30 October 2008

Bedouin Kitchen

103 Grey St, St Kilda
Ph: 9534 0888.
Open: Tue to Thu, 6pm to 10pm; Fri to Sun, 6pm-11pm

Unfortunately I tend to neglect St Kilda in my ongoing food quests, which is silly as there are a smorgasbord of quality, diverse eateries available within a close proximity.

So on a recent Saturday night I decided to give some well-deserved attention back to St K. and head to The Bedouin Kitchen, a Middle Eastern eatery on Grey St.

First impressions at Bedouin are inviting, with deep red painted walls and dark brown beams creating a cosy and intimate feel. However only a lone Egyptian Hooker (smoking pipe) attempts to give an authentic feel to the place – unlike the waiters (I would be very surprised if they had even read a book on the Middle East) and the upbeat, swing style music (think Frank Sinatra “Under my Skin”).

The menu comprises of a selections of Mezze share plates ranging between $6.5 - $14.50 and vegetarian and meat claypots around $15 - $30. A reasonable wine list features most bottles around the $30 - $40 mark. But be warned, if you decide on a bottle of white wine for the night, expect the bottle to sit on your table gently warming rather than being left in the fridge or placed in an ice bucket.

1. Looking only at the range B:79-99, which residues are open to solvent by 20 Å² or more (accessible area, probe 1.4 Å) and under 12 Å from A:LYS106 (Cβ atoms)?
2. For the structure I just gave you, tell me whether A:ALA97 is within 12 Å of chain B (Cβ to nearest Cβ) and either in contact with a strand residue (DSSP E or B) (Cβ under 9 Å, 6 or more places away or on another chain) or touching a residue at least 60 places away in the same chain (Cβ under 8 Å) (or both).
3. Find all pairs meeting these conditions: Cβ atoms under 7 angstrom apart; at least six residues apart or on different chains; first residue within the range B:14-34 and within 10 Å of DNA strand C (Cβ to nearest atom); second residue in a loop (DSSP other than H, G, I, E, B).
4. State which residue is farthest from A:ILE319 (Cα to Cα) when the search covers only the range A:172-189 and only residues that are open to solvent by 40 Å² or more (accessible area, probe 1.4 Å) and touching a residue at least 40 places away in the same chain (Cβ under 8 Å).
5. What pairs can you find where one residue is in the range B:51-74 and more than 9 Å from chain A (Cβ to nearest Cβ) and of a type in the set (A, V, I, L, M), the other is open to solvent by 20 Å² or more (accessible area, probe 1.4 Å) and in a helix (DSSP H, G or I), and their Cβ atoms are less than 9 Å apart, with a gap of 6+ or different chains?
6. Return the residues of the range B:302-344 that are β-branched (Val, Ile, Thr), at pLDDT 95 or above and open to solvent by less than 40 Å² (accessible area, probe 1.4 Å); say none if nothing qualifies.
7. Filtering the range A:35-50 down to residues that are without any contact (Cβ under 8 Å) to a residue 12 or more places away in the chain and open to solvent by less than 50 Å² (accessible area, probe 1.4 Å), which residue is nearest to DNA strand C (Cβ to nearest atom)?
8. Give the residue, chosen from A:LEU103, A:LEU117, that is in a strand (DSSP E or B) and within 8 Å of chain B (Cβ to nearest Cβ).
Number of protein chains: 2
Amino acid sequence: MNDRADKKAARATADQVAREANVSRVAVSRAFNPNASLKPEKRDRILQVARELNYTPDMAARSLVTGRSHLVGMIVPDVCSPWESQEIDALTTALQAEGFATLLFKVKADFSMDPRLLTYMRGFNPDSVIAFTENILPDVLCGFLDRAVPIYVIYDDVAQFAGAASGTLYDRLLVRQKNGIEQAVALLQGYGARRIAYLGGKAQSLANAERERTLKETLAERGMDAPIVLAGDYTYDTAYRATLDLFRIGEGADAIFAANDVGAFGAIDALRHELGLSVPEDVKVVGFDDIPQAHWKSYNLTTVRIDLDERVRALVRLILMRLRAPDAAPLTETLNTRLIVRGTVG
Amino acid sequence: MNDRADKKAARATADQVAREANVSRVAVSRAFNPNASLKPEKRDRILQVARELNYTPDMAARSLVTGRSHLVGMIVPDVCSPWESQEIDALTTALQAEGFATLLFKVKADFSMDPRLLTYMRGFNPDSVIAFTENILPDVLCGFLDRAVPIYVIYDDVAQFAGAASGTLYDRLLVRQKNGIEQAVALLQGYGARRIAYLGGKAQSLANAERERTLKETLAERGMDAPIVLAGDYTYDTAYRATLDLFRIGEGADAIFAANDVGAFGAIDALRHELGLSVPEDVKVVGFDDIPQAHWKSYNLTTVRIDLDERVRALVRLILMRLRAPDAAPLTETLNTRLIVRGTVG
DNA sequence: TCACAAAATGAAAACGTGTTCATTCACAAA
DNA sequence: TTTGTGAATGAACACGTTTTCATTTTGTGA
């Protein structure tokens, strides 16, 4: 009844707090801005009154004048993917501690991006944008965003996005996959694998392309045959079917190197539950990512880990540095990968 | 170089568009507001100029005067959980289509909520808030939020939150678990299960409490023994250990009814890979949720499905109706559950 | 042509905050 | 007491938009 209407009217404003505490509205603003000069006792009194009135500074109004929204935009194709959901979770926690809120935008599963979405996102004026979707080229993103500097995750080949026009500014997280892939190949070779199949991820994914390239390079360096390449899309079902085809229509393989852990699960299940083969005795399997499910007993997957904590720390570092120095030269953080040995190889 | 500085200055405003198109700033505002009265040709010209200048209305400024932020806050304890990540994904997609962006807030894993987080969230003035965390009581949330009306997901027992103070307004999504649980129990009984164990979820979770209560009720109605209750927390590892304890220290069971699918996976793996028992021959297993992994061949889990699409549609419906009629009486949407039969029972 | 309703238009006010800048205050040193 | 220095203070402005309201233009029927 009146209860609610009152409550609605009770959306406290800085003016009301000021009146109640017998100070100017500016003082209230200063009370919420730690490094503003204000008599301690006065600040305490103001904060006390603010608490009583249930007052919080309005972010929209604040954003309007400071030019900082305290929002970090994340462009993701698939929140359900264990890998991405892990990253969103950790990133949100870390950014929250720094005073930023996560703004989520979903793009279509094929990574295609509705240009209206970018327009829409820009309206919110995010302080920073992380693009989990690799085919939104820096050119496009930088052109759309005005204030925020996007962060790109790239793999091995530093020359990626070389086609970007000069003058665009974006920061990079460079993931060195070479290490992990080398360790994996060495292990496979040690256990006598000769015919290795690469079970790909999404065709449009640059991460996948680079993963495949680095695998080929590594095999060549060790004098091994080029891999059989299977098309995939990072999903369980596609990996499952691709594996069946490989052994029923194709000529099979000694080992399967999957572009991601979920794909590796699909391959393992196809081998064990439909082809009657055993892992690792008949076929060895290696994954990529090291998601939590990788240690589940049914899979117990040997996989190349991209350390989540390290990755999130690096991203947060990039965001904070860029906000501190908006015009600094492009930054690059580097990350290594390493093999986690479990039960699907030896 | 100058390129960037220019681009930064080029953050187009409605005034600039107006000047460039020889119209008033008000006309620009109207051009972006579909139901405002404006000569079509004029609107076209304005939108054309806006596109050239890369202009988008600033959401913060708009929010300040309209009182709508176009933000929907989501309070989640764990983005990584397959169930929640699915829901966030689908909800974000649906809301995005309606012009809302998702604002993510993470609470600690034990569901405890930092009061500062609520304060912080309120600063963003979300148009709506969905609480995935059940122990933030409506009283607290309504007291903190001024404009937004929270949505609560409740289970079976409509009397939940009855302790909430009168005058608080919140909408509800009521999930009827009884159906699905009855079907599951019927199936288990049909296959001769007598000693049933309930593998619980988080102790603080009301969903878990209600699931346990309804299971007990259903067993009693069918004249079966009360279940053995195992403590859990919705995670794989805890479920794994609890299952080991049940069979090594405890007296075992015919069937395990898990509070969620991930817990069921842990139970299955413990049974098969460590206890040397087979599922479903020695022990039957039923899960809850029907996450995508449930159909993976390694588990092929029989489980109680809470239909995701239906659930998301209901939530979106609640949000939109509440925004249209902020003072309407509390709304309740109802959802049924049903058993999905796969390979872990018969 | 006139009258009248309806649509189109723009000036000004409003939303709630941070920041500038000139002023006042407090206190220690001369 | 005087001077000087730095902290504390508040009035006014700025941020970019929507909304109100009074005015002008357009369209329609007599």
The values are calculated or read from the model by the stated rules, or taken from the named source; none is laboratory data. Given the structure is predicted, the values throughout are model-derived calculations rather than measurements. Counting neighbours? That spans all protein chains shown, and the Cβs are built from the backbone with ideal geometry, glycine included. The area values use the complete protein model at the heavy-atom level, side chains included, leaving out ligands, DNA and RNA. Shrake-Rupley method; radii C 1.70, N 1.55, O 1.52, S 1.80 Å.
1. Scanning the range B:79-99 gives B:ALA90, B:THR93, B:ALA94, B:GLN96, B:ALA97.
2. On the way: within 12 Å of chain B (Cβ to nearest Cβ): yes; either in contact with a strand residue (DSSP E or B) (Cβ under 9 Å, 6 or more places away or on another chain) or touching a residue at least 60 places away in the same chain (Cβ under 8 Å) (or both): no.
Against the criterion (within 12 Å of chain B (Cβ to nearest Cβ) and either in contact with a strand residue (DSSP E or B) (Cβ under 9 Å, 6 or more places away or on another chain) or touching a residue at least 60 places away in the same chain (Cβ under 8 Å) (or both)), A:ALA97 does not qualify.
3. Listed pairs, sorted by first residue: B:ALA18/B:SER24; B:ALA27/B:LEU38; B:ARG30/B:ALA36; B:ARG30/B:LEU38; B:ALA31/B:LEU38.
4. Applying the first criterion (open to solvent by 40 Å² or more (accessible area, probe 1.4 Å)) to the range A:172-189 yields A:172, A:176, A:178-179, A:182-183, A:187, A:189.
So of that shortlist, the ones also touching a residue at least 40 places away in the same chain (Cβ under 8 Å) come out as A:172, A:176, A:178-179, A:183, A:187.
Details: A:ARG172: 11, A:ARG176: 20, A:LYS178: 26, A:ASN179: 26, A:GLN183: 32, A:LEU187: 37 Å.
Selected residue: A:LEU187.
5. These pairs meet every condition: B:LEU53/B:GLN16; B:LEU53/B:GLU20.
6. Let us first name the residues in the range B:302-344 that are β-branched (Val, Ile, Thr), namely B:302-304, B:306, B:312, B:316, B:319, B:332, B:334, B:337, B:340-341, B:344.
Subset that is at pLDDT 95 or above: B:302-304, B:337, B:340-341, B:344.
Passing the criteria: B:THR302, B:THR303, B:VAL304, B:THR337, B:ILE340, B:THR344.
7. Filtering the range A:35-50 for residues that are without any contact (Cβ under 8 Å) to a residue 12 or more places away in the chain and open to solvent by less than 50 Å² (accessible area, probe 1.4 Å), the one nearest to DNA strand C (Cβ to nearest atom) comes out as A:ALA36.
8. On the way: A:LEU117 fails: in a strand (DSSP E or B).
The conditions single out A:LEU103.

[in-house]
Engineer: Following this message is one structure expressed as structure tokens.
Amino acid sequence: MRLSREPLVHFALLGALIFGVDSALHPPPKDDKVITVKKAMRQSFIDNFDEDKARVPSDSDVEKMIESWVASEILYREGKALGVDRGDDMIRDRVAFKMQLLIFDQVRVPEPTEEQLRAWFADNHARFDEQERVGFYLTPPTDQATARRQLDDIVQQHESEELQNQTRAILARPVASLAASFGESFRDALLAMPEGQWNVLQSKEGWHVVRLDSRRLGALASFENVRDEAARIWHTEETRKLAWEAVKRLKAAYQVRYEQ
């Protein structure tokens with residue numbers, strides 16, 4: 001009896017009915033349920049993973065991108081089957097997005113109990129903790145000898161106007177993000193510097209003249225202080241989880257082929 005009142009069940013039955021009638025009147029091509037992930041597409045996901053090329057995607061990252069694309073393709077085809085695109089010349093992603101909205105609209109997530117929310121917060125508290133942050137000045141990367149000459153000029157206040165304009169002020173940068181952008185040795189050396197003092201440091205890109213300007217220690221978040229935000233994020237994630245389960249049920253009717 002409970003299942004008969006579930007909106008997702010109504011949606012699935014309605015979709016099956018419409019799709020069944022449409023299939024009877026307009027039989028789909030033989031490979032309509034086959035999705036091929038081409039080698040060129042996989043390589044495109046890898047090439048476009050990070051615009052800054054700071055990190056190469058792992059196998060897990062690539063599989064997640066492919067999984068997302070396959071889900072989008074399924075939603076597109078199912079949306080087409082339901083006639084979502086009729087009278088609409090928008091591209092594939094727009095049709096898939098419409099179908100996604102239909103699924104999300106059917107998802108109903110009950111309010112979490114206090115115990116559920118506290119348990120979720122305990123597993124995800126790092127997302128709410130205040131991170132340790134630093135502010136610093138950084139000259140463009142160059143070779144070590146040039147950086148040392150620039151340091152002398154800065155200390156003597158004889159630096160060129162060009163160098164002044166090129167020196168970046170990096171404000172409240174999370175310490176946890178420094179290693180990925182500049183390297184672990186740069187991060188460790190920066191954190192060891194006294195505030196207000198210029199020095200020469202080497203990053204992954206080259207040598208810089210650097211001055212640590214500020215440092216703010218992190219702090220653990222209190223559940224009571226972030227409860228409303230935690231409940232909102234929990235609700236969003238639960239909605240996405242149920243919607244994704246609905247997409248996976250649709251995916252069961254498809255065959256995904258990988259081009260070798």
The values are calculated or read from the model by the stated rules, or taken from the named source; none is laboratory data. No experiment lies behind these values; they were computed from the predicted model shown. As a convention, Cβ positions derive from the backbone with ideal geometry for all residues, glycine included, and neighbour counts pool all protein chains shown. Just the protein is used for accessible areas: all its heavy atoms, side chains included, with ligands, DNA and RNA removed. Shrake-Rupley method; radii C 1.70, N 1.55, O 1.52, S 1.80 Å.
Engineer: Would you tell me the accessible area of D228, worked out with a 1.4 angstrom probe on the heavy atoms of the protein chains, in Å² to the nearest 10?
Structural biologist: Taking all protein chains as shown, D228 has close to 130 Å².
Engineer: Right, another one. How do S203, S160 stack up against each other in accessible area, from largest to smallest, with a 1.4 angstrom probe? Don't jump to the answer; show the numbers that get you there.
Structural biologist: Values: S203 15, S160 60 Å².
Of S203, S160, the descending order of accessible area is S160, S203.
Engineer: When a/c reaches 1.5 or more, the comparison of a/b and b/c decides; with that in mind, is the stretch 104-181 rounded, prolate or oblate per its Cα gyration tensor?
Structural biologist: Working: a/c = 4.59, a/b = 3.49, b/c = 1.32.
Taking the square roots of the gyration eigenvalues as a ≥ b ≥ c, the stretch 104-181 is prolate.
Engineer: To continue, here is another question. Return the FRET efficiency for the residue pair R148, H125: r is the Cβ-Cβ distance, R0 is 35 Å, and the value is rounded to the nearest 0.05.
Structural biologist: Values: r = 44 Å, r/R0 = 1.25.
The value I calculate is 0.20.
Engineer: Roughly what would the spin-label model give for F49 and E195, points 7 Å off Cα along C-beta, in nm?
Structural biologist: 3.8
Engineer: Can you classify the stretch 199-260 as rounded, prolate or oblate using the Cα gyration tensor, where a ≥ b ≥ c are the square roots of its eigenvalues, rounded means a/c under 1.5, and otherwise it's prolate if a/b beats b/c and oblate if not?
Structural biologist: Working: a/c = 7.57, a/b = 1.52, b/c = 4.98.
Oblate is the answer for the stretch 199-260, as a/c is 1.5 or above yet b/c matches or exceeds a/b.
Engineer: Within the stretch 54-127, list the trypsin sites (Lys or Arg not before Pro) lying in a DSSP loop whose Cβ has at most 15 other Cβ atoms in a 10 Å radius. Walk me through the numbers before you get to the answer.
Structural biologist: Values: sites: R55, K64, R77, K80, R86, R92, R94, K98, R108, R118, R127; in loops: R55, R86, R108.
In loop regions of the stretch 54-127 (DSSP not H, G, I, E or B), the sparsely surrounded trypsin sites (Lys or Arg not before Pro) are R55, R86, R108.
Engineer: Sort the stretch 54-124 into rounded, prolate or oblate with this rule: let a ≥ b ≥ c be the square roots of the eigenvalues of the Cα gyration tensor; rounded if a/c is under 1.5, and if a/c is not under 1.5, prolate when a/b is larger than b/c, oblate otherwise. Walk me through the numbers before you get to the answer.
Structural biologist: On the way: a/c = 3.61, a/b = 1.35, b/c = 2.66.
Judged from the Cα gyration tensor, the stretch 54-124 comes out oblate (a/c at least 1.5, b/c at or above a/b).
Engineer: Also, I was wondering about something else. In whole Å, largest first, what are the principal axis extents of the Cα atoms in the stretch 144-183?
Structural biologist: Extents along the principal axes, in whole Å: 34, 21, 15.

We decided on the traditional bread and dips to start ($14.50) and ate it without much enthusiasm, but still with nothing to really alarm us. Our concerns however started to rumble inside when the next dish, vine leaves ($6.50), had an unsettling flavour of canned dolmades in a plain Jane tomato paste-style sauce! Things didn’t get better as the plate of char-grilled (blackened), flavourless octopus arrived, followed by two dry, venison sausages, lacking any sauce or jus, on a bed of wilted rocket ($9.00).

Ever the optimist, I still held out hope for the Kushery claypot, layers of macaroni, rice & green lentils with a spicy tomato coulis ($18.50). True to their promise, there were layers of macaroni, rice and green lentils; however that was exactly all it was, with a noticeable absence of even a hint of flavour or spice. The “spicy tomato coulis” promised was in fact a chilling re-appearance of the cheap, processed sauce that featured with the vine leaves.

Obviously the importance of flavour and spice isn’t as high up the priority list for other people as it is on mine, as the restaurant was almost full when we visited (granted it was a Saturday night). However, walking out, the $93 hole in our pocket and extremely dissatisfied feeling in our stomachs ensured we would never be returning.

5 / 10


- janice

3 comments:

Ed said...

That's a shame. I just live around the corner and used to go a lot but the food got a bit worse and then one Saturday night they had a too skinny for it belly dancer. I didn't release it had got that bad. To go with the Middle Eastern theme the owner is Chinese (I think).

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